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  • Meaningful learning and transfer of learning in games

    September 21, 2006

    Abstract:

    We explore a distinction among different ways in which people learn, in the

    context of games. Psychologists have long recognized an important distinction between

    two kinds of learning: one that is relatively shallow, domain-specific and operates

    through repeated association of stimuli and outcomes; and another that is deeper, requires

    the acquisition of concepts or meaning, and transfers more easily across domains. The

    literature on learning in games focuses almost exclusively on the former, which we term

    adjustment learning.

    We provide compelling evidence of the latter kind of learning, which we term

    meaningful learning. In two experiments, we demonstrate that learning – the acquisition

    of iterated dominance – occurs in the absence of any feedback, a kind of learning that

    cannot be explained by adjustment learning processes but that is consistent with

    meaningful learning. Moreover, we demonstrate that, consistent with the psychological

    literature, such meaningful learning transfers to new domains (games), and that such

    transfer does not occur with adjustment learning.

  • I. Introduction

    A considerable amount of research in economics attempts to understand how

    people learn in strategic environments. Several experimental studies on games

    demonstrate that players do not initially play equilibrium strategies, but that with

    repetition their behavior converges towards equilibrium, and several models attempt to

    provide a theoretical basis for this regularity (see Camerer, 2003, Chapter 6). While

    these models vary in the details of how they assume learning takes place, they all share

    the assumption that learning operates by players observing how well different strategies

    perform – either by playing those strategies, observing others playing them, or observing

    the (foregone) outcomes produced by unselected strategies – and then adjusting their

    behavior in the direction of better-performing strategies in subsequent plays of the game.1

    Thus, current economic models essentially conceptualize learning as a process best

    described as adjustment learning, or gradually figuring out what works in a specific game.

    While many papers in economics explore the above kind of learning,

    psychologists would consider this conceptualization of learning to be incomplete. For

    decades psychologists have recognized the existence of two kinds of learning, based on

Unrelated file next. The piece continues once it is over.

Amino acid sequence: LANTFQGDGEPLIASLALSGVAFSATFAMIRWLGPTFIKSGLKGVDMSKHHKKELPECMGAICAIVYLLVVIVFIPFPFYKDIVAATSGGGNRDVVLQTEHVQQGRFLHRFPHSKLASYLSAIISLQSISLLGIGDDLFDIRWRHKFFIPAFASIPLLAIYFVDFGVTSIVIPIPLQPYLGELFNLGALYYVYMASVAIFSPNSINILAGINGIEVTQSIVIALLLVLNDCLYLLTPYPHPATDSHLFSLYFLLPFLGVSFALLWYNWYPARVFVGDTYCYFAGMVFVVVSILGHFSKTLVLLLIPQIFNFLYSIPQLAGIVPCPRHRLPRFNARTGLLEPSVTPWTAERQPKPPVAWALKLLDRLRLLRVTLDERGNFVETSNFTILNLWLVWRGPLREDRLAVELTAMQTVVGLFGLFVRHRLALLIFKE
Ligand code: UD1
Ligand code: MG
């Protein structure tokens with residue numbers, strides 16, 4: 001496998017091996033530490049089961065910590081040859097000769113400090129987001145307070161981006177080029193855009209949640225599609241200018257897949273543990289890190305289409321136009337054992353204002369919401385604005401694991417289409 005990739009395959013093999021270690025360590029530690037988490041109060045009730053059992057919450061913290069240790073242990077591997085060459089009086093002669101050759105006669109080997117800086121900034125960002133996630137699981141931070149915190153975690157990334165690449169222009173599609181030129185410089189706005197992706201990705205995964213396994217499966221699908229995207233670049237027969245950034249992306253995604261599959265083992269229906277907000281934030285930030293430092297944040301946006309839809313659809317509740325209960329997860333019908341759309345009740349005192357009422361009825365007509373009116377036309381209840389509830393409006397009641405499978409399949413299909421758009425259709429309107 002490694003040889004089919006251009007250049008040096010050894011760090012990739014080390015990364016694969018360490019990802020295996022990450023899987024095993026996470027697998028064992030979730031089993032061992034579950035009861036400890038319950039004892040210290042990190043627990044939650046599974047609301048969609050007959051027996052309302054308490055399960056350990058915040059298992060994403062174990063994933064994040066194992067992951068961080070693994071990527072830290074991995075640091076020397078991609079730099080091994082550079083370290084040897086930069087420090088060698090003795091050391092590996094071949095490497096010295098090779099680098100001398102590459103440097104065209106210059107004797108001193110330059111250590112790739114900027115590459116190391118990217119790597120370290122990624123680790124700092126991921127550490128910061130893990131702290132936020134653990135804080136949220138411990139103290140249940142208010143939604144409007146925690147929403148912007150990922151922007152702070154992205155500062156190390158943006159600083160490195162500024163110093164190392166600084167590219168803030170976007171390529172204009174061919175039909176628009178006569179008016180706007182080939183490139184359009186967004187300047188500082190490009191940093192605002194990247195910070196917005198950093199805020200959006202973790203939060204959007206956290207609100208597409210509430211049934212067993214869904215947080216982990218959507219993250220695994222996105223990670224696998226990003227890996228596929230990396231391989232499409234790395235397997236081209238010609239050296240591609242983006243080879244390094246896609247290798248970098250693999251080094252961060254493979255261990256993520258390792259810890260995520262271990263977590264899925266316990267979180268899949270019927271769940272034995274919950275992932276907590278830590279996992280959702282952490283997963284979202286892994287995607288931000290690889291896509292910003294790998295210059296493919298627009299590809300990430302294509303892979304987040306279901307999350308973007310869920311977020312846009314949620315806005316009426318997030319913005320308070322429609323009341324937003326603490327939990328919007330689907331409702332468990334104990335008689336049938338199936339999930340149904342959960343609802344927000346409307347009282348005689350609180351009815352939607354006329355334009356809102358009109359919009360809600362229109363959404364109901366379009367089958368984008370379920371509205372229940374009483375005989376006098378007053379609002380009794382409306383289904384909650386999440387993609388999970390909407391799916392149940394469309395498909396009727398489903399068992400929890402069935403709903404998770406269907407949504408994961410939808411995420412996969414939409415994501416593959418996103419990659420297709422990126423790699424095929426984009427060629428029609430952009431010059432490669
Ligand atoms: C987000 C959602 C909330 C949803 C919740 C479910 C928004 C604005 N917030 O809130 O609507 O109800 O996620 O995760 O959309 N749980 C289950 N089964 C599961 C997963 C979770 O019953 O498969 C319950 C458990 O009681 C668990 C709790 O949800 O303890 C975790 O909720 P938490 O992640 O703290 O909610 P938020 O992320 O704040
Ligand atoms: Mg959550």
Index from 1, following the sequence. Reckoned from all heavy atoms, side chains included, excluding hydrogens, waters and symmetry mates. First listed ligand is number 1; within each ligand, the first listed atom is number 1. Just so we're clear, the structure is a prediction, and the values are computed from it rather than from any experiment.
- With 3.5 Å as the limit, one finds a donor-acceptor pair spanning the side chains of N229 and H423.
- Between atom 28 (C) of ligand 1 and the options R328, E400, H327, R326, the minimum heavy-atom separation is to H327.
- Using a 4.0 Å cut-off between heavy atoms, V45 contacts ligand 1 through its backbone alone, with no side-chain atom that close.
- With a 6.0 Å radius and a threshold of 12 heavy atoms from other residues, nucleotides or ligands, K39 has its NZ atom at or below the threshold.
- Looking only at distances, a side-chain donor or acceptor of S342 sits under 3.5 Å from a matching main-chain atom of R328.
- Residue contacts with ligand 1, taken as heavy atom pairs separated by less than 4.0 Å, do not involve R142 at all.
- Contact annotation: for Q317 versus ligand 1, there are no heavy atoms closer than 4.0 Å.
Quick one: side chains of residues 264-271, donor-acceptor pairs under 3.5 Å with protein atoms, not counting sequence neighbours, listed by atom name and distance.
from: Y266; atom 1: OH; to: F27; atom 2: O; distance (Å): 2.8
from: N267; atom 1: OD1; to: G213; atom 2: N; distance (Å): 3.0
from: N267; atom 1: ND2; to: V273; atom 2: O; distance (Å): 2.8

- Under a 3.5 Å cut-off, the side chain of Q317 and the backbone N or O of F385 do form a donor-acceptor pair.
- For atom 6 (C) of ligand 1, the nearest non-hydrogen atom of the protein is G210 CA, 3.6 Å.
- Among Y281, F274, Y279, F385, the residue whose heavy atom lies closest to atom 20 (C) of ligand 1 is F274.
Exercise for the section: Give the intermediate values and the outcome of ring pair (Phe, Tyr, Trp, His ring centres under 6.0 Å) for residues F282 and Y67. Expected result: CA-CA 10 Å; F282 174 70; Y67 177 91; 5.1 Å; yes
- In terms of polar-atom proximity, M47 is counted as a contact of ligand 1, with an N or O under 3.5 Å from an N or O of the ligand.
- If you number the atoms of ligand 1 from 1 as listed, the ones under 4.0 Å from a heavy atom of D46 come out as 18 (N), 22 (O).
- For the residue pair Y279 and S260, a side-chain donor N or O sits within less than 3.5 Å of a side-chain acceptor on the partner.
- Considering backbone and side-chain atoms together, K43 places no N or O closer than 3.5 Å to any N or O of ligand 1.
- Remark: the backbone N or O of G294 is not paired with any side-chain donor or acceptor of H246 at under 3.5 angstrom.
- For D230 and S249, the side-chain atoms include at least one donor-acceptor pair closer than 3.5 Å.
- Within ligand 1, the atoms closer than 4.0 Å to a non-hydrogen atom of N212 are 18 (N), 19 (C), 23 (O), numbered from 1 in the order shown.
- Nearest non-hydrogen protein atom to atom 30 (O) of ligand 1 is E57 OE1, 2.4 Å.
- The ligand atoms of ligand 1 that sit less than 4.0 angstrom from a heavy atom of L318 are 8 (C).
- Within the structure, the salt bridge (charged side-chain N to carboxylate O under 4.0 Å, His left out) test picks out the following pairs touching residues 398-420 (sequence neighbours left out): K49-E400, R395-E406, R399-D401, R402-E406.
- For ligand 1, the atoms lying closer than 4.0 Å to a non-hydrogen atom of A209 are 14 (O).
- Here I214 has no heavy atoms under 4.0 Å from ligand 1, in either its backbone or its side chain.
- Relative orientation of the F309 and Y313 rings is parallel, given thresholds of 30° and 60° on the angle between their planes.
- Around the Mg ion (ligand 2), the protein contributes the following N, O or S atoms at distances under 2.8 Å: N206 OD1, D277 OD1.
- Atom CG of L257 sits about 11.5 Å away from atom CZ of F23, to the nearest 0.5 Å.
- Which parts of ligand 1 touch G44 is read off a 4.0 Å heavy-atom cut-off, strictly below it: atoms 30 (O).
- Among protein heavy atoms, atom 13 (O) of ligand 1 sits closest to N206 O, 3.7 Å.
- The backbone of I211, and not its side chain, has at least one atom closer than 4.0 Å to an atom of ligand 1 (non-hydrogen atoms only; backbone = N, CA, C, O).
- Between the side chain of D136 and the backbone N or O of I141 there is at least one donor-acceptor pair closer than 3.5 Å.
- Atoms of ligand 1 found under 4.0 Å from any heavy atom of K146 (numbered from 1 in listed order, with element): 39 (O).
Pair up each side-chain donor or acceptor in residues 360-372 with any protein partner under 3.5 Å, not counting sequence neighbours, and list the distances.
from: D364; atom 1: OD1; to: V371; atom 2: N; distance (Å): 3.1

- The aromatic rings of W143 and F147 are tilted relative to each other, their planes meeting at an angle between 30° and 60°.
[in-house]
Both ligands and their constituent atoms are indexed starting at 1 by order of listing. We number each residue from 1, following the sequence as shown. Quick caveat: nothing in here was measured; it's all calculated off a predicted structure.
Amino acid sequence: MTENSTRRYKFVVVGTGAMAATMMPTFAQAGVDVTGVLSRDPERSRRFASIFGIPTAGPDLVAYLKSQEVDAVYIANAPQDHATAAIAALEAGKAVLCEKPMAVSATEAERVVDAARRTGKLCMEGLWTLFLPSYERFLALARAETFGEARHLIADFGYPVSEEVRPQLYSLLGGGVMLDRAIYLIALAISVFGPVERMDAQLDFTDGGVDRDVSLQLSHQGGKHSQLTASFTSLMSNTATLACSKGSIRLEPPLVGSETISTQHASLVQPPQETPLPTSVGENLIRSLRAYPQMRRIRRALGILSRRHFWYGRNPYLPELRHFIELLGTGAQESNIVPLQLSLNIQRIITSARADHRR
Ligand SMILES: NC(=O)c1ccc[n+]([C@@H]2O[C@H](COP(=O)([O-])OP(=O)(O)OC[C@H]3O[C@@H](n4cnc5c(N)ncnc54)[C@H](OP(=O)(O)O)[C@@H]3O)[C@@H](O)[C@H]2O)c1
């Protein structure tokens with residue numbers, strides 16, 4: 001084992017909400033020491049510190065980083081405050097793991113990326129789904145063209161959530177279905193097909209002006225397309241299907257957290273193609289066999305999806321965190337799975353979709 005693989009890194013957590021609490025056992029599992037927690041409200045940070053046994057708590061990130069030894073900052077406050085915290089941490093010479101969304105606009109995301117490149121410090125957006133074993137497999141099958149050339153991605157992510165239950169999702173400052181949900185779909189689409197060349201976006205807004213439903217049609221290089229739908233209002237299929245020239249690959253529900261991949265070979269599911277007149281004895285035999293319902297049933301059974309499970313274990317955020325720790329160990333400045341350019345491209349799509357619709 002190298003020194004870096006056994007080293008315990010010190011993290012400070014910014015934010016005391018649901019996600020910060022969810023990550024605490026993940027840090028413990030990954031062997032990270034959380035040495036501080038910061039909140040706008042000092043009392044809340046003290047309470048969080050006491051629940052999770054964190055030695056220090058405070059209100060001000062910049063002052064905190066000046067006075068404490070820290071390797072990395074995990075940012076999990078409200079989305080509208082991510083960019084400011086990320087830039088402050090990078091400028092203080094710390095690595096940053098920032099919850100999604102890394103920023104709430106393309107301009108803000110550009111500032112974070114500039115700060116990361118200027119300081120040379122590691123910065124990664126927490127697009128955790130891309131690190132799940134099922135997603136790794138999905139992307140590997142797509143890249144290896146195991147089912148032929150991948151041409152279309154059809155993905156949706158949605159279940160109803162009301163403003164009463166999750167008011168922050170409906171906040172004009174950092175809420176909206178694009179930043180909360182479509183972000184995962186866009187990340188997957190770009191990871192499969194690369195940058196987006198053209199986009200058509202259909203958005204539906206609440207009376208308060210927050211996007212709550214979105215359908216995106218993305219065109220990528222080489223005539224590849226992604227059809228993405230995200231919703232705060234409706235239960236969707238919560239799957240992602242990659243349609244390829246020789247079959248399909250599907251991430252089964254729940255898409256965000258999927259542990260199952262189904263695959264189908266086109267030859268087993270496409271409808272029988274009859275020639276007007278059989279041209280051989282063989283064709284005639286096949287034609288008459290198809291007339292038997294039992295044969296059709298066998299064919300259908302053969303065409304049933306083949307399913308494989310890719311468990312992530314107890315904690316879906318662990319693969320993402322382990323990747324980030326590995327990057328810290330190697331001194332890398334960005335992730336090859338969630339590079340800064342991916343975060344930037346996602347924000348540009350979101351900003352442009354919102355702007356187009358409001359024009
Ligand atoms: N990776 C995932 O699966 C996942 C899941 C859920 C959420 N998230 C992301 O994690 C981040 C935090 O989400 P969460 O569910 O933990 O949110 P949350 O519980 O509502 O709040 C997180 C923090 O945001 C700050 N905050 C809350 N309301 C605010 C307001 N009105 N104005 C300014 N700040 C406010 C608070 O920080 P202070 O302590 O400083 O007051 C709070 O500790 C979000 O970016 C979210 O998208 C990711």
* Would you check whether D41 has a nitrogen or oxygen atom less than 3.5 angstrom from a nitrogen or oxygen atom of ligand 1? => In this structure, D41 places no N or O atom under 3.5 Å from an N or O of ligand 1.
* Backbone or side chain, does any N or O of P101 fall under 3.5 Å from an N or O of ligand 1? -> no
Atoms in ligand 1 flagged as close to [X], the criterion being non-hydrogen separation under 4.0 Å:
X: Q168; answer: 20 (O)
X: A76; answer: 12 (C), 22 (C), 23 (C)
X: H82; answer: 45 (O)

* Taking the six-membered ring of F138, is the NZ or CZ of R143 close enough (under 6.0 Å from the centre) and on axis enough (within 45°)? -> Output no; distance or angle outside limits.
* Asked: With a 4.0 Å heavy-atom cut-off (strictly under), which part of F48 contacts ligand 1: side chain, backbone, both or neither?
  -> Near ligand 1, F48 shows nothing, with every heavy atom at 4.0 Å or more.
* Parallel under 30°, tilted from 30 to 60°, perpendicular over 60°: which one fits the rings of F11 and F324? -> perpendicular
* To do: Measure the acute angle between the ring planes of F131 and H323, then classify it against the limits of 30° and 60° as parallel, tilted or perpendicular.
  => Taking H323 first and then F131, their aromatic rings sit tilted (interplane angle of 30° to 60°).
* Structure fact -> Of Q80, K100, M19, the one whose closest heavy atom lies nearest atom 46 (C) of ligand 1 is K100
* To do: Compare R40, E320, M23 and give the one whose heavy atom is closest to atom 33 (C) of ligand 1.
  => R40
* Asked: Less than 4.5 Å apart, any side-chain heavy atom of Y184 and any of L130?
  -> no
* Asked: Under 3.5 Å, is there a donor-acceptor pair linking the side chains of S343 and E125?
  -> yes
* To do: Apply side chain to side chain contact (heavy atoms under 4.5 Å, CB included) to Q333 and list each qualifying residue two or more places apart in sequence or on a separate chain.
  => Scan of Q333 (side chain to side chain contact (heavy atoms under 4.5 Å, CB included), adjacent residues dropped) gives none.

the way in which people learn, the kind of knowledge produced by learning, and the

    ability of individuals to transfer what they learn to new domains. This distinction – often

    described as “implicit” versus “explicit” learning (Reber, 1967) – is important because it

    1 For instance, in fictitious play models, players form beliefs of the likely payoffs of different strategies, on the basis of opponents’ prior choices, and select those strategies with relatively high expected payoffs given those beliefs (e.g., Cheung and Friedman, 1998; Fudenberg and Levine, 1998). In reinforcement-learning models, players’ propensities to select different strategies are based on what has been successful in the past (e.g., Erev and Roth, 1998). Camerer and Ho’s (1999) Experience Weighted Attraction model is a generalization of fictitious play and reinforcement models, in which players potentially assign different weights to strategies actually chosen and to those foregone. Merlo and Schotter (2003) provide evidence that players can learn by observing others’ outcomes (and that such “observational” learning may even outperform “first-hand” experience). There are also “rule learning” models (Stahl, 2000) in which higher- order rules for strategy selection, rather than strategies themselves, are reinforced through experience.

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  • highlights significant differences in the depth of what is learned and the ability of

    individuals to generalize their learning to new contexts.2

    A. The duality of learning

    What psychologists refer to as implicit learning is an unconscious process that

    yields knowledge that is usually neither accessible to cognition nor verbalizable (Reber,

    1989; Mandler, 2004). It is demonstrated, for instance, by showing that subjects exposed

    to massive amounts of information demonstrate improved performance in pattern

    matching, but that such performance improvement exceeds their ability to articulate or

    generalize their knowledge (e.g., Berry and Broadbent, 1984; Hayes and Broadbent,